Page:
If we conclude with the newest market segment - the Hungarian derivative energy exchange, HUDEX …
Both power and gas future products can be found on HUDEX, which has 29 members. It is possible to trade monthly and quarterly products for Hungarian gas, and weekly, monthly, quarterly, and yearly products for Hungarian power.
With regards to volumes, the HUDEX power market started the year very strongly and we are now looking for new market makers. We think that we have made a lot of improvements there, e.g. we introduced an automated clearing solution on 10 April. We have also extended our product line with more monthly and quarterly products to match our competition, and we have also extended our opening hours from 8am to 6pm. We are currently working on introducing a financial day-ahead product.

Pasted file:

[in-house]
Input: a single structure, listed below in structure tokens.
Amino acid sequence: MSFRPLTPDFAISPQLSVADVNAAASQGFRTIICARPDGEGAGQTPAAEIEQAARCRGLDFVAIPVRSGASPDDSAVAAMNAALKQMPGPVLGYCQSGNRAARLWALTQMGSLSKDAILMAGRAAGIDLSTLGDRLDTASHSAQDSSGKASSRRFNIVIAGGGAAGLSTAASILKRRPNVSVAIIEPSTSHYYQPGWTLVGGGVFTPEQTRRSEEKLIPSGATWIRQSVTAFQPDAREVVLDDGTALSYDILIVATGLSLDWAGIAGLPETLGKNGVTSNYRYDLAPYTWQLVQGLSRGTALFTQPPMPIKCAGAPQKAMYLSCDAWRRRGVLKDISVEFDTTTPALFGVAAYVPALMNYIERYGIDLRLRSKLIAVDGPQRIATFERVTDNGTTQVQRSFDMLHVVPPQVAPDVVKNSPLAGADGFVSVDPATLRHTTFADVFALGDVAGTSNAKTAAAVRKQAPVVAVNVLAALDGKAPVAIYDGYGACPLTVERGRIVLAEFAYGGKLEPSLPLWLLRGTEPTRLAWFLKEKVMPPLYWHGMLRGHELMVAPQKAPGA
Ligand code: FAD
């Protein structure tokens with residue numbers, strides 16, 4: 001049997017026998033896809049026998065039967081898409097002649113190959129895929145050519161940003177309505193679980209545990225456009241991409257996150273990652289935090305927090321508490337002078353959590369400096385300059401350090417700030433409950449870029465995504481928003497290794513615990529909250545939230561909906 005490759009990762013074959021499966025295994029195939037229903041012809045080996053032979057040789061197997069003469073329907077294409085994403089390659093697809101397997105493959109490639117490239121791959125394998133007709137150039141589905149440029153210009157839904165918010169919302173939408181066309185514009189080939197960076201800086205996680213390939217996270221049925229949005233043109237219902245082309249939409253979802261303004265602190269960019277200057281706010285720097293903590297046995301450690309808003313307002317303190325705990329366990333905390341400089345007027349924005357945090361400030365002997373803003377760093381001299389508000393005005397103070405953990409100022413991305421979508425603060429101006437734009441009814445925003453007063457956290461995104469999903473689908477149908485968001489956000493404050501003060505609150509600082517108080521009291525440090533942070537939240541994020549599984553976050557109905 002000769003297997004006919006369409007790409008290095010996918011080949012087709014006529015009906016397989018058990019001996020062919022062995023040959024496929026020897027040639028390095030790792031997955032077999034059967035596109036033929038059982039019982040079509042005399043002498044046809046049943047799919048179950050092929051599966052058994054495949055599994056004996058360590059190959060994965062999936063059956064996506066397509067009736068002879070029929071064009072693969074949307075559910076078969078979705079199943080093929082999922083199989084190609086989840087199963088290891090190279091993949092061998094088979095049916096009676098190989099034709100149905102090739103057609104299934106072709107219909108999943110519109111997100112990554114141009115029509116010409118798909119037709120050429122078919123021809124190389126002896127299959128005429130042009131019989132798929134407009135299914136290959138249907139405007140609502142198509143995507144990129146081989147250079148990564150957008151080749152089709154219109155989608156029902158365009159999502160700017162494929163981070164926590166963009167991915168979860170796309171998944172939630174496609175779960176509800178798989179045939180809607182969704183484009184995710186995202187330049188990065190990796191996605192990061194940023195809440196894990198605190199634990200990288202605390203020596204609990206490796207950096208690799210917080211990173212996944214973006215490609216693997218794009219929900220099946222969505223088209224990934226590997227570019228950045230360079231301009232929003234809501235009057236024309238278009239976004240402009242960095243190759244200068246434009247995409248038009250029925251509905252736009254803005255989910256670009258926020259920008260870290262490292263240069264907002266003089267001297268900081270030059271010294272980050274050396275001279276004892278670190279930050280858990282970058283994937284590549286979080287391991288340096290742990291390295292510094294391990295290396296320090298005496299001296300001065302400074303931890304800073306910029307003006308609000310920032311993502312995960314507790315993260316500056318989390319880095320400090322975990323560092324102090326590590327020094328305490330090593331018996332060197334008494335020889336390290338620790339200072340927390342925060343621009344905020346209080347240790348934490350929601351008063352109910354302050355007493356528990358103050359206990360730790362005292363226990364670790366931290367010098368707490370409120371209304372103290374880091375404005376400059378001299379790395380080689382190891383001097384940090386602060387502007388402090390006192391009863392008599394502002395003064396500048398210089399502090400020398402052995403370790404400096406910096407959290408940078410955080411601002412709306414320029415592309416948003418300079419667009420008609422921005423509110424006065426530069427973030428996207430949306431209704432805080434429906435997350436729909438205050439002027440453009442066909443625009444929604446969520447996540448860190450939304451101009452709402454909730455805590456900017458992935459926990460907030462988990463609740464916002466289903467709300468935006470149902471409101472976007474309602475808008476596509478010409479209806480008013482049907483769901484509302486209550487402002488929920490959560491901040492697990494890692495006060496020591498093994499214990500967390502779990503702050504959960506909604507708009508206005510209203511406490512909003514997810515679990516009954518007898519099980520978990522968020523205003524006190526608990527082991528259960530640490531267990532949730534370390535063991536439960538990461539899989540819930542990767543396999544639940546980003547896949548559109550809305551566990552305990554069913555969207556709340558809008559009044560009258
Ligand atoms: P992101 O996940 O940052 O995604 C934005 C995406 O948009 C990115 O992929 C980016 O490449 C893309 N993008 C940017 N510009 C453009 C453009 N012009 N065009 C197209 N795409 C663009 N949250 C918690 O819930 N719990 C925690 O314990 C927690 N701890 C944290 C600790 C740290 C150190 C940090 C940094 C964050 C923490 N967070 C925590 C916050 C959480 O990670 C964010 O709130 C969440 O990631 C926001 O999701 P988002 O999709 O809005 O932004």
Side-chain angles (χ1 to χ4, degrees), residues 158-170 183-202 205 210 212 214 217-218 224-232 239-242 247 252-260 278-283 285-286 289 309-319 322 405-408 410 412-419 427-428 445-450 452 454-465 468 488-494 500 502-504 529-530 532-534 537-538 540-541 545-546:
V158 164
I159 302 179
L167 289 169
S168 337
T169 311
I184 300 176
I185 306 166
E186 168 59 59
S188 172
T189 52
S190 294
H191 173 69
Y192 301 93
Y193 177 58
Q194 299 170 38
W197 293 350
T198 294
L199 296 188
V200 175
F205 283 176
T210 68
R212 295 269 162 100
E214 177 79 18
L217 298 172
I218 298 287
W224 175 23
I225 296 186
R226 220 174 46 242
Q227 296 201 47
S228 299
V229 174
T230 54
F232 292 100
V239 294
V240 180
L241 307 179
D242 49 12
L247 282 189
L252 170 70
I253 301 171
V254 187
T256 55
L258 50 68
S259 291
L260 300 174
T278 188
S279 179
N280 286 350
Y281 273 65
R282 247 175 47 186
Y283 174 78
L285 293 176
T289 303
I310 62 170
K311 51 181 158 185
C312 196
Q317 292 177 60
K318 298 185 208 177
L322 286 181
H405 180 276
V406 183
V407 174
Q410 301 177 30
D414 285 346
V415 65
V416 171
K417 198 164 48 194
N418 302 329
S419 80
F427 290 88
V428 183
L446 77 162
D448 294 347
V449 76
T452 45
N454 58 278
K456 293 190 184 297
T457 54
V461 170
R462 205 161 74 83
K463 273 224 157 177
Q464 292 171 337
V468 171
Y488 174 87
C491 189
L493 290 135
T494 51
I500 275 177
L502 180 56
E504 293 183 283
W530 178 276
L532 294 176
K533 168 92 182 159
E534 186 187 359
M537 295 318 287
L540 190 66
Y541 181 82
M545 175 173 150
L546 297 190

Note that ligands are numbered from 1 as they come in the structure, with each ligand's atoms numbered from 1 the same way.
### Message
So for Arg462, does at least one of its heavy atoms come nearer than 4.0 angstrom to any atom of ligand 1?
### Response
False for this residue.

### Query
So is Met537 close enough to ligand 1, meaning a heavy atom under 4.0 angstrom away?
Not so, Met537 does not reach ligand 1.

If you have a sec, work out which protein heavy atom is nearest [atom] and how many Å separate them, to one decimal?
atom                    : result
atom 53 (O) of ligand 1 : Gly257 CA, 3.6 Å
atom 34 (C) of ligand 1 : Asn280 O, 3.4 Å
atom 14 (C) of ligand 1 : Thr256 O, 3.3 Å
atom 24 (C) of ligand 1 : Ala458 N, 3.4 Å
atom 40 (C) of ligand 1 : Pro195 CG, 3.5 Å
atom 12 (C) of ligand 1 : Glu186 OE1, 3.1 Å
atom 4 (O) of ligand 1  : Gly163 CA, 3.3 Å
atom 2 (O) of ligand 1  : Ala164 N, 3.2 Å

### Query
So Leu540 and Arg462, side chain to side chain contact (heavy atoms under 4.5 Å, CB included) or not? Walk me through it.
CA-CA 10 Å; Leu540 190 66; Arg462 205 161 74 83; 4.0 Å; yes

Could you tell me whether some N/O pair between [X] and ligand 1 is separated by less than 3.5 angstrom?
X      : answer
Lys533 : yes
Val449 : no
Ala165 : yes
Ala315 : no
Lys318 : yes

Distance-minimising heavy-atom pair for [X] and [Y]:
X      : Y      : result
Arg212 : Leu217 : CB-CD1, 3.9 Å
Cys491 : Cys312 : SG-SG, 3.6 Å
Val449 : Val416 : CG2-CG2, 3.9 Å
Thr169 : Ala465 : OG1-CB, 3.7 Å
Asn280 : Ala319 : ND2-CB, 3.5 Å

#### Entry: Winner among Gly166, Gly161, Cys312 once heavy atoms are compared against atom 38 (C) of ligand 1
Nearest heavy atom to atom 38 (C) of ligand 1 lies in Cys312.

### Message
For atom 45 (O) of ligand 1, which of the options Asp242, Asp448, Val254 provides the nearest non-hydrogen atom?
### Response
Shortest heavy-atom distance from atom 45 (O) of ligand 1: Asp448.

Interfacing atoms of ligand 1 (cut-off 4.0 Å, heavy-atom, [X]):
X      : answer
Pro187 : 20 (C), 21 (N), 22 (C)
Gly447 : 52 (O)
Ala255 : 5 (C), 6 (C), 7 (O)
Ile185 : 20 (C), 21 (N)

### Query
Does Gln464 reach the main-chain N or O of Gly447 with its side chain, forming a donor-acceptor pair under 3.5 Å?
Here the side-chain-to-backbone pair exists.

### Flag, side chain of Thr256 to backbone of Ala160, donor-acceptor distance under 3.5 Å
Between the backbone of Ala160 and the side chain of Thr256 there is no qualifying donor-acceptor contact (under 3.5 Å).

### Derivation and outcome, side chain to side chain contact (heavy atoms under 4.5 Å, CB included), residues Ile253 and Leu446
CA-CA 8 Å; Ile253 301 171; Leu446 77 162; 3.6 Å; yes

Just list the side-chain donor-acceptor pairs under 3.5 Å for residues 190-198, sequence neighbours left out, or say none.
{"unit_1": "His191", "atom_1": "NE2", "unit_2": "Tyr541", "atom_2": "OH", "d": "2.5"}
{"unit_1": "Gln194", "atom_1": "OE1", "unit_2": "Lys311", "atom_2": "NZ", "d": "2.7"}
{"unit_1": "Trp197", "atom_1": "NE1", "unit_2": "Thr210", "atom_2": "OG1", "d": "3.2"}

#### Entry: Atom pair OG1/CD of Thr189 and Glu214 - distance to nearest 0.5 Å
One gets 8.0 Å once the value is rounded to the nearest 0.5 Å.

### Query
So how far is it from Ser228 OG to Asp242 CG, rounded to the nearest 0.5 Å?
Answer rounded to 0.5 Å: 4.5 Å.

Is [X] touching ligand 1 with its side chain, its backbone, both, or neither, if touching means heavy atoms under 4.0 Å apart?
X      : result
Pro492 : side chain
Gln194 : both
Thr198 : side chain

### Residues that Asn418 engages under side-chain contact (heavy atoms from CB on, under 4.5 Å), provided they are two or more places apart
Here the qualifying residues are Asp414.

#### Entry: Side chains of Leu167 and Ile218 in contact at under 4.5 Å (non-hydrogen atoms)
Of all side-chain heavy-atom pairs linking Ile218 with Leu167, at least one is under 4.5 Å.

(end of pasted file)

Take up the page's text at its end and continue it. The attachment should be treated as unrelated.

Furthermore, we are also looking at introducing other products and other markets that we can enter.
How do you decide on new products - is this a push from the members or do you look at the market and decide which products are needed?
It is both. We are operating in a very competitive environment. We are constantly looking for possibilities, for niche products where we can improve, and we discuss ideas with our members. The introduction of seasonal and yearly products for gas on HUDEX will be some of the further improvements this year.
Author: Tanja Srnovršnik Volarič